Joining us now is the host of "ALL IN" here on MSNBC, the great Chris Hayes, who stayed late to talk to me about that interview and watched it live as it happened. Chris, thank you so much for staying. I really appreciate it, my friend.

HAYES: Absolutely, anytime.

MADDOW: First, let me ask you if you think Elizabeth Warren is one of the de facto leaders of the Democratic Party now more than she was before? And what do you think about what you heard from him tonight?

HAYES: Yes, frankly, she and Bernie Sanders are, I think, in some ways the kind of leaders of the party at this point. And they struck, it`s interesting, they struck similar notes. Both of them basically, said, look, on anything where we agree, on issues that we believe will help working Americans, whether it`s breaking up the banks or increase minimum wage or a jobs bill perhaps, details to be seen, we can work with you.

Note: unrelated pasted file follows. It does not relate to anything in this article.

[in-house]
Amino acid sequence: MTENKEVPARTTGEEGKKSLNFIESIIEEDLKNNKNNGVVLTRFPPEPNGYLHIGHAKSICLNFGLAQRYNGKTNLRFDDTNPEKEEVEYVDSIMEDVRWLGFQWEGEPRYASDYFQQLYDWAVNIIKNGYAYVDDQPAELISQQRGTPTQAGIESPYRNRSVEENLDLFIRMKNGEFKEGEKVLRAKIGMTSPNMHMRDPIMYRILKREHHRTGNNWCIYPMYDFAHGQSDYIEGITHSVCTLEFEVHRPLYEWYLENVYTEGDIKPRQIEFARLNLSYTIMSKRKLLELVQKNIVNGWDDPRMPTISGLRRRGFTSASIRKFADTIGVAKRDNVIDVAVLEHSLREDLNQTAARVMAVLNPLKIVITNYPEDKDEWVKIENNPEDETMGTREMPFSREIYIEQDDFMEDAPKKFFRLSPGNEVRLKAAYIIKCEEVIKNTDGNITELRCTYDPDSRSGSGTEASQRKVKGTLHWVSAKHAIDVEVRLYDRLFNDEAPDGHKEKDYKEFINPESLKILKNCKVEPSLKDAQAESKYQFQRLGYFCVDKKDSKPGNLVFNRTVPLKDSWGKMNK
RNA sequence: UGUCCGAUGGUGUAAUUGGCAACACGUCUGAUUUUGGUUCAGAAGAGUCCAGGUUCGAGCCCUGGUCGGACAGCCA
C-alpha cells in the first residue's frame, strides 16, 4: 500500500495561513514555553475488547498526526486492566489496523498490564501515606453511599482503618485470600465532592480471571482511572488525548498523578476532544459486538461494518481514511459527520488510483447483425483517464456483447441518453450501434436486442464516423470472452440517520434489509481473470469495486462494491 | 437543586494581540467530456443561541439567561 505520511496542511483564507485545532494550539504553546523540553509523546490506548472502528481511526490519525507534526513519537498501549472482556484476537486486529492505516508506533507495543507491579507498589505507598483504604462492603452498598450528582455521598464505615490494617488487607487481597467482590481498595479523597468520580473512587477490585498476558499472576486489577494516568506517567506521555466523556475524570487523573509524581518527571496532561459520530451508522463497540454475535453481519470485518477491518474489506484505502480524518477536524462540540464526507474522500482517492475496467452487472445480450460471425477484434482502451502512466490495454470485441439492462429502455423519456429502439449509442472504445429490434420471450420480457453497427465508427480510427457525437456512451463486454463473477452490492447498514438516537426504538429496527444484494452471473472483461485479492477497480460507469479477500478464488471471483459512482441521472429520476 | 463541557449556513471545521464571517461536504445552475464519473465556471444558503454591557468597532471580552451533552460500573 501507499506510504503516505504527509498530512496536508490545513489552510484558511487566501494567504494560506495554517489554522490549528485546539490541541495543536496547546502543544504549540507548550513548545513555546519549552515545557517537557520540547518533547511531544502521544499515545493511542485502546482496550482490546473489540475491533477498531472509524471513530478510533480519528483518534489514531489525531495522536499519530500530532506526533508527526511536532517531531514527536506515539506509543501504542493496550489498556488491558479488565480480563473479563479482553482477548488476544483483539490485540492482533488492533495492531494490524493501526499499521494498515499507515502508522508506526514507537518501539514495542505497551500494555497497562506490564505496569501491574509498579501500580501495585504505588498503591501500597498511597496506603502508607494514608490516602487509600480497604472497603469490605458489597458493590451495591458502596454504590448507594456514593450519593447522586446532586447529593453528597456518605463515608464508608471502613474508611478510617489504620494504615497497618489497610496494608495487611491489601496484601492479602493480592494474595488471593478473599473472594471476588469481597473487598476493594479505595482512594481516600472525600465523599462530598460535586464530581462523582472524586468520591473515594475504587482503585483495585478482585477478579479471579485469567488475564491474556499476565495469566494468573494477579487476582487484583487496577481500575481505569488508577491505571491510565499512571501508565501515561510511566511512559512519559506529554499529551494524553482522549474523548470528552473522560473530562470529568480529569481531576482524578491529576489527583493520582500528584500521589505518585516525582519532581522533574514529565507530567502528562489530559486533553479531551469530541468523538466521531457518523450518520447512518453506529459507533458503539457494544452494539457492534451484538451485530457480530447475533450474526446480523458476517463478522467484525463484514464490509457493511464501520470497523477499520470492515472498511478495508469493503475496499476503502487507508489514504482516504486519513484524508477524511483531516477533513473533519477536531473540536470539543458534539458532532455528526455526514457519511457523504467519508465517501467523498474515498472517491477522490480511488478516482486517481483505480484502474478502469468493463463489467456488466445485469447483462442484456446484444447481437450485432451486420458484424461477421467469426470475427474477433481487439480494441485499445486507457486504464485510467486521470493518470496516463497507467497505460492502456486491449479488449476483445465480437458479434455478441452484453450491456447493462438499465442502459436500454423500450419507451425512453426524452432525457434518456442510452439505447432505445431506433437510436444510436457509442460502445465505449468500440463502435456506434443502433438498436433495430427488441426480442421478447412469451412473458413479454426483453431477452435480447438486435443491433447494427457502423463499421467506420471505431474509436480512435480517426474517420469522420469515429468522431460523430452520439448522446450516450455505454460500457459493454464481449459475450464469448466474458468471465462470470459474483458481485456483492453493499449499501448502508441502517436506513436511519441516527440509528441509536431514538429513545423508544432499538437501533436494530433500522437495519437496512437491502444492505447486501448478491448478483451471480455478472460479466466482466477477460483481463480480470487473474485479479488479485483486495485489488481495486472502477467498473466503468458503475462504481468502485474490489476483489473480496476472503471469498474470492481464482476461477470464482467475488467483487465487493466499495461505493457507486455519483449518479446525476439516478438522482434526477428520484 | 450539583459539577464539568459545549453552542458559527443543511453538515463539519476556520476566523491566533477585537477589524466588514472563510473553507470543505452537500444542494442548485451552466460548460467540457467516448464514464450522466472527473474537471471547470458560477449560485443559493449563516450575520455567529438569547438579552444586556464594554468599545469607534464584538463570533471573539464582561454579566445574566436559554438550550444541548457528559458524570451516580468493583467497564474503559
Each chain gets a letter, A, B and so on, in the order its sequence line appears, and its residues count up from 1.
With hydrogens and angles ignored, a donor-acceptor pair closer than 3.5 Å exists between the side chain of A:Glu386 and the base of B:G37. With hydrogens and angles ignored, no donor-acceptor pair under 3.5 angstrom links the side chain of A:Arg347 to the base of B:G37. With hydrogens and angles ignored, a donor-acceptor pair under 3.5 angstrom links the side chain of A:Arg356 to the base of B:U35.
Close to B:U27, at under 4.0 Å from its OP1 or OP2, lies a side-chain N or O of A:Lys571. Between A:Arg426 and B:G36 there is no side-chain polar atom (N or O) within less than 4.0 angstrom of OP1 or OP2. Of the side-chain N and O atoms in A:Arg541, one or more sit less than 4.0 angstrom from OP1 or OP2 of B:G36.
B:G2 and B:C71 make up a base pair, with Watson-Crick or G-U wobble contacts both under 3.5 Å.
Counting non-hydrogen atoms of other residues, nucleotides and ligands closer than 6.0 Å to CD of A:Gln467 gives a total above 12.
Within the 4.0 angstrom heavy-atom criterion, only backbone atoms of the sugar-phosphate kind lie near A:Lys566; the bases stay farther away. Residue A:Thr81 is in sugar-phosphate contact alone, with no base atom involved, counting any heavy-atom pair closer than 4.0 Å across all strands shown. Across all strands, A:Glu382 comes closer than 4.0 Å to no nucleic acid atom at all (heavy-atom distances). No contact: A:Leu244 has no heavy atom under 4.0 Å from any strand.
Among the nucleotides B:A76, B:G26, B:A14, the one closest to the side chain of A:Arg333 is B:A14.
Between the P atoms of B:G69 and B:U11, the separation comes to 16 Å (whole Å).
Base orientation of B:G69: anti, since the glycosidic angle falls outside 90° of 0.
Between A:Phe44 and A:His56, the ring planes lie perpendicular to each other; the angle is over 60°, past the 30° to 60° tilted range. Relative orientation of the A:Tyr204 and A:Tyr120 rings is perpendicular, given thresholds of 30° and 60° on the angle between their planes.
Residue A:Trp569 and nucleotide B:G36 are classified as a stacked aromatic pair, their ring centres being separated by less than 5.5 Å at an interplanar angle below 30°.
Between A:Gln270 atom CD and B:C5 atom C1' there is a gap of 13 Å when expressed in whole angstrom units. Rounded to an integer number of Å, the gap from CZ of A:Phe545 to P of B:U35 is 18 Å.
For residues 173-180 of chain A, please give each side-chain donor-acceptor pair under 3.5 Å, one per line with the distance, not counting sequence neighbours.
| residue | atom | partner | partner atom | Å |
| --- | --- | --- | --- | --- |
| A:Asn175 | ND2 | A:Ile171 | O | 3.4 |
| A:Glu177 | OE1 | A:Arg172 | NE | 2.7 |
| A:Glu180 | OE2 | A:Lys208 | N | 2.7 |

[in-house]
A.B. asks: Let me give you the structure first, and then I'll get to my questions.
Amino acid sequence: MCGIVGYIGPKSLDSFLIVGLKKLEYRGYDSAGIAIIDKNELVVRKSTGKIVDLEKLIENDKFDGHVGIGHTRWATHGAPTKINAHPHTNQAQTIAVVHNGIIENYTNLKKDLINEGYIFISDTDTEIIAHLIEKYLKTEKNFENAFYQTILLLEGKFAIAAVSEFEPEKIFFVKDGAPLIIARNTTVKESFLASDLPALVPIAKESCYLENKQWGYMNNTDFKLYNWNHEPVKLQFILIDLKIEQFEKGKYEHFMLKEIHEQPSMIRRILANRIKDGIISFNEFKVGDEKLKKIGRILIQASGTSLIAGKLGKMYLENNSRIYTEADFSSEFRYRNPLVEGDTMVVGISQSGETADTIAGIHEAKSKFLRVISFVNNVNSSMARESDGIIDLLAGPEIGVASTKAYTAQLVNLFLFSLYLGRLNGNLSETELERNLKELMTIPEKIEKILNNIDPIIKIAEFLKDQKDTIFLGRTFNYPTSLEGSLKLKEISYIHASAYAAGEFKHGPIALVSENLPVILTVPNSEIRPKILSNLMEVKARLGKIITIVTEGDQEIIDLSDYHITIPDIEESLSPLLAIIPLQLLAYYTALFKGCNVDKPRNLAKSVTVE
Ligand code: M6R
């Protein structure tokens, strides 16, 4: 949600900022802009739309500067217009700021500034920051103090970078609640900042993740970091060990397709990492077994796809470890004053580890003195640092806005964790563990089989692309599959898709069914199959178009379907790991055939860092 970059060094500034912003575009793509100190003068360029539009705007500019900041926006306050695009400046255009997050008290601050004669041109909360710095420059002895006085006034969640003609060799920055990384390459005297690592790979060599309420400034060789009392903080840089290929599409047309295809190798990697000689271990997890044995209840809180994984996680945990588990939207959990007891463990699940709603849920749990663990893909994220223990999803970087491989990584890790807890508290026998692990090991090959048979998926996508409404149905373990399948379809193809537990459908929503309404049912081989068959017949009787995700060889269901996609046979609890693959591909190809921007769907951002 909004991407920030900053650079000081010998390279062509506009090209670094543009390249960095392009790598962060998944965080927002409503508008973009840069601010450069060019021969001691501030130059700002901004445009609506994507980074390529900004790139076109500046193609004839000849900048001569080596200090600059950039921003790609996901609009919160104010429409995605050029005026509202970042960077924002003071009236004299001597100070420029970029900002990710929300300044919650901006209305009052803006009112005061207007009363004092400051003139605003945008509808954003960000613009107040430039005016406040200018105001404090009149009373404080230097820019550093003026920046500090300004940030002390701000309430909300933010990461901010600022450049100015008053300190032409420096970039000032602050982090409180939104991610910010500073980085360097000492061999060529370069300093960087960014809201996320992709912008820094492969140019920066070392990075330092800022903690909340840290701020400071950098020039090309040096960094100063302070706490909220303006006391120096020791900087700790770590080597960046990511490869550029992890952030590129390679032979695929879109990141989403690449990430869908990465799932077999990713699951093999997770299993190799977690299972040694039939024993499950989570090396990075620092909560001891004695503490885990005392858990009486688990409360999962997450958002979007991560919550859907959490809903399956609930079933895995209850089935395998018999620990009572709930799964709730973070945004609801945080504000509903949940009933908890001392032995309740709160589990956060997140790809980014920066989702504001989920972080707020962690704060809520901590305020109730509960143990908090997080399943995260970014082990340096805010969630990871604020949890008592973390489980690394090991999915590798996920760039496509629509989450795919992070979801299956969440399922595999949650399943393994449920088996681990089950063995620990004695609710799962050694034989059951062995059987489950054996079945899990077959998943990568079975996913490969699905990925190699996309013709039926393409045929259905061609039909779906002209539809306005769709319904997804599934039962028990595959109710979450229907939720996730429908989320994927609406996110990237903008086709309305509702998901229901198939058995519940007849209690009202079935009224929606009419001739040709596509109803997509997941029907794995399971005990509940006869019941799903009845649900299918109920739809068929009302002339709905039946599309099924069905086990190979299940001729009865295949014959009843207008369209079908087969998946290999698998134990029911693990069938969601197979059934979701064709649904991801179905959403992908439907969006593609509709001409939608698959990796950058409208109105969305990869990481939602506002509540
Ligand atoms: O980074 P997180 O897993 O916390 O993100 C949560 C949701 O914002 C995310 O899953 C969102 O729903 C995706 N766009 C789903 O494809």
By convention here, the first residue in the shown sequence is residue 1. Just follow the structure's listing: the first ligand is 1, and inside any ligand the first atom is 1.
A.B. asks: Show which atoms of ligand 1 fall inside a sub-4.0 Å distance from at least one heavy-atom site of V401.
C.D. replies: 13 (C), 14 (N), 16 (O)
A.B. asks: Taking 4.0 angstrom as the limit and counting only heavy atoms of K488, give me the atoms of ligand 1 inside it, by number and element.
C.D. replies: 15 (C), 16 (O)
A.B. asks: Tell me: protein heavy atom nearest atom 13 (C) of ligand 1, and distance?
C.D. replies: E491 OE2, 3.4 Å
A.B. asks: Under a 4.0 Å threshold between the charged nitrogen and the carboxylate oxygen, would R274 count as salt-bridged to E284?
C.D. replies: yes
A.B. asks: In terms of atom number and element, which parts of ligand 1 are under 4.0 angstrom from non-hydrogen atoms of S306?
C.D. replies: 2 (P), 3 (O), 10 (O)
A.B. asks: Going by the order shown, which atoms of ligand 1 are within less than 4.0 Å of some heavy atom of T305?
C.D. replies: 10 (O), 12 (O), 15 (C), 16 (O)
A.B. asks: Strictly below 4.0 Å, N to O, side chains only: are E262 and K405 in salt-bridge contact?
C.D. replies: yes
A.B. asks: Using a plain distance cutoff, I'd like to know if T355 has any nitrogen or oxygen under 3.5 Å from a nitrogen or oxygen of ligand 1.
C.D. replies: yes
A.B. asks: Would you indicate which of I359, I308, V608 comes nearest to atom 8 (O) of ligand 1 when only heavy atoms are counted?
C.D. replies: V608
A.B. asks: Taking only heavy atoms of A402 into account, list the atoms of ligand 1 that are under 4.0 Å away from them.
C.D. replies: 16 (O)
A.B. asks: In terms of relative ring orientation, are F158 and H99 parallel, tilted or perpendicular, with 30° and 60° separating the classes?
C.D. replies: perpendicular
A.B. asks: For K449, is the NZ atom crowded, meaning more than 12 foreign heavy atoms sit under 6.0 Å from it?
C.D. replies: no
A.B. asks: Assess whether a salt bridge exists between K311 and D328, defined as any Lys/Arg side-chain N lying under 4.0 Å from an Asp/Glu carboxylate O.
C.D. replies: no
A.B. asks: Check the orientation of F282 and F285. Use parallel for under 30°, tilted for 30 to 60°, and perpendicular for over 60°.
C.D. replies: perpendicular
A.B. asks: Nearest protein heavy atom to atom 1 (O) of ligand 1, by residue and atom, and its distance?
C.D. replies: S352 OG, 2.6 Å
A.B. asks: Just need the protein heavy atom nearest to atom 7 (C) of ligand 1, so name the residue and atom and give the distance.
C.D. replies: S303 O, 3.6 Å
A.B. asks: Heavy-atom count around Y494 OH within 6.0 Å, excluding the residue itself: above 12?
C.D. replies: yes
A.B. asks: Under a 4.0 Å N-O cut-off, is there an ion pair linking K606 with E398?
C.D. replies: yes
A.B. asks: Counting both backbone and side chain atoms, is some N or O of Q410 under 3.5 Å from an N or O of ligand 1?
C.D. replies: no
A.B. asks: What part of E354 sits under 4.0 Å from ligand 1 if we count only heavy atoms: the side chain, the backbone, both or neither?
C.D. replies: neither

And on anything of these core values, in bigotry and targeting Americans, we will fight you -- Bernie Sanders said, we will be your worst nightmare. I think that`s a good opening line, but --

MADDOW: Mm-hmm.

HAYES: Here`s the problem. I said this to Jeff Merkley on my show. I said let`s say the first two items are number one, an infrastructure bill that would provide some macro economic stimulus, and maybe get some people some jobs and Democrats say, we`re going to work with you on that. A victory on that builds political capital for the new President Donald Trump. And the next is the deportation force.

Now, you have, maybe help the American economy but given political capital to someone who is using that political capital to pursue one of the things that you hate and you are going to fight against, and that is a conundrum for the Democratic Party. It is a conundrum for every one of the members of that Senate caucus who are essentially the last bulwark of Democratic Party at the federal level.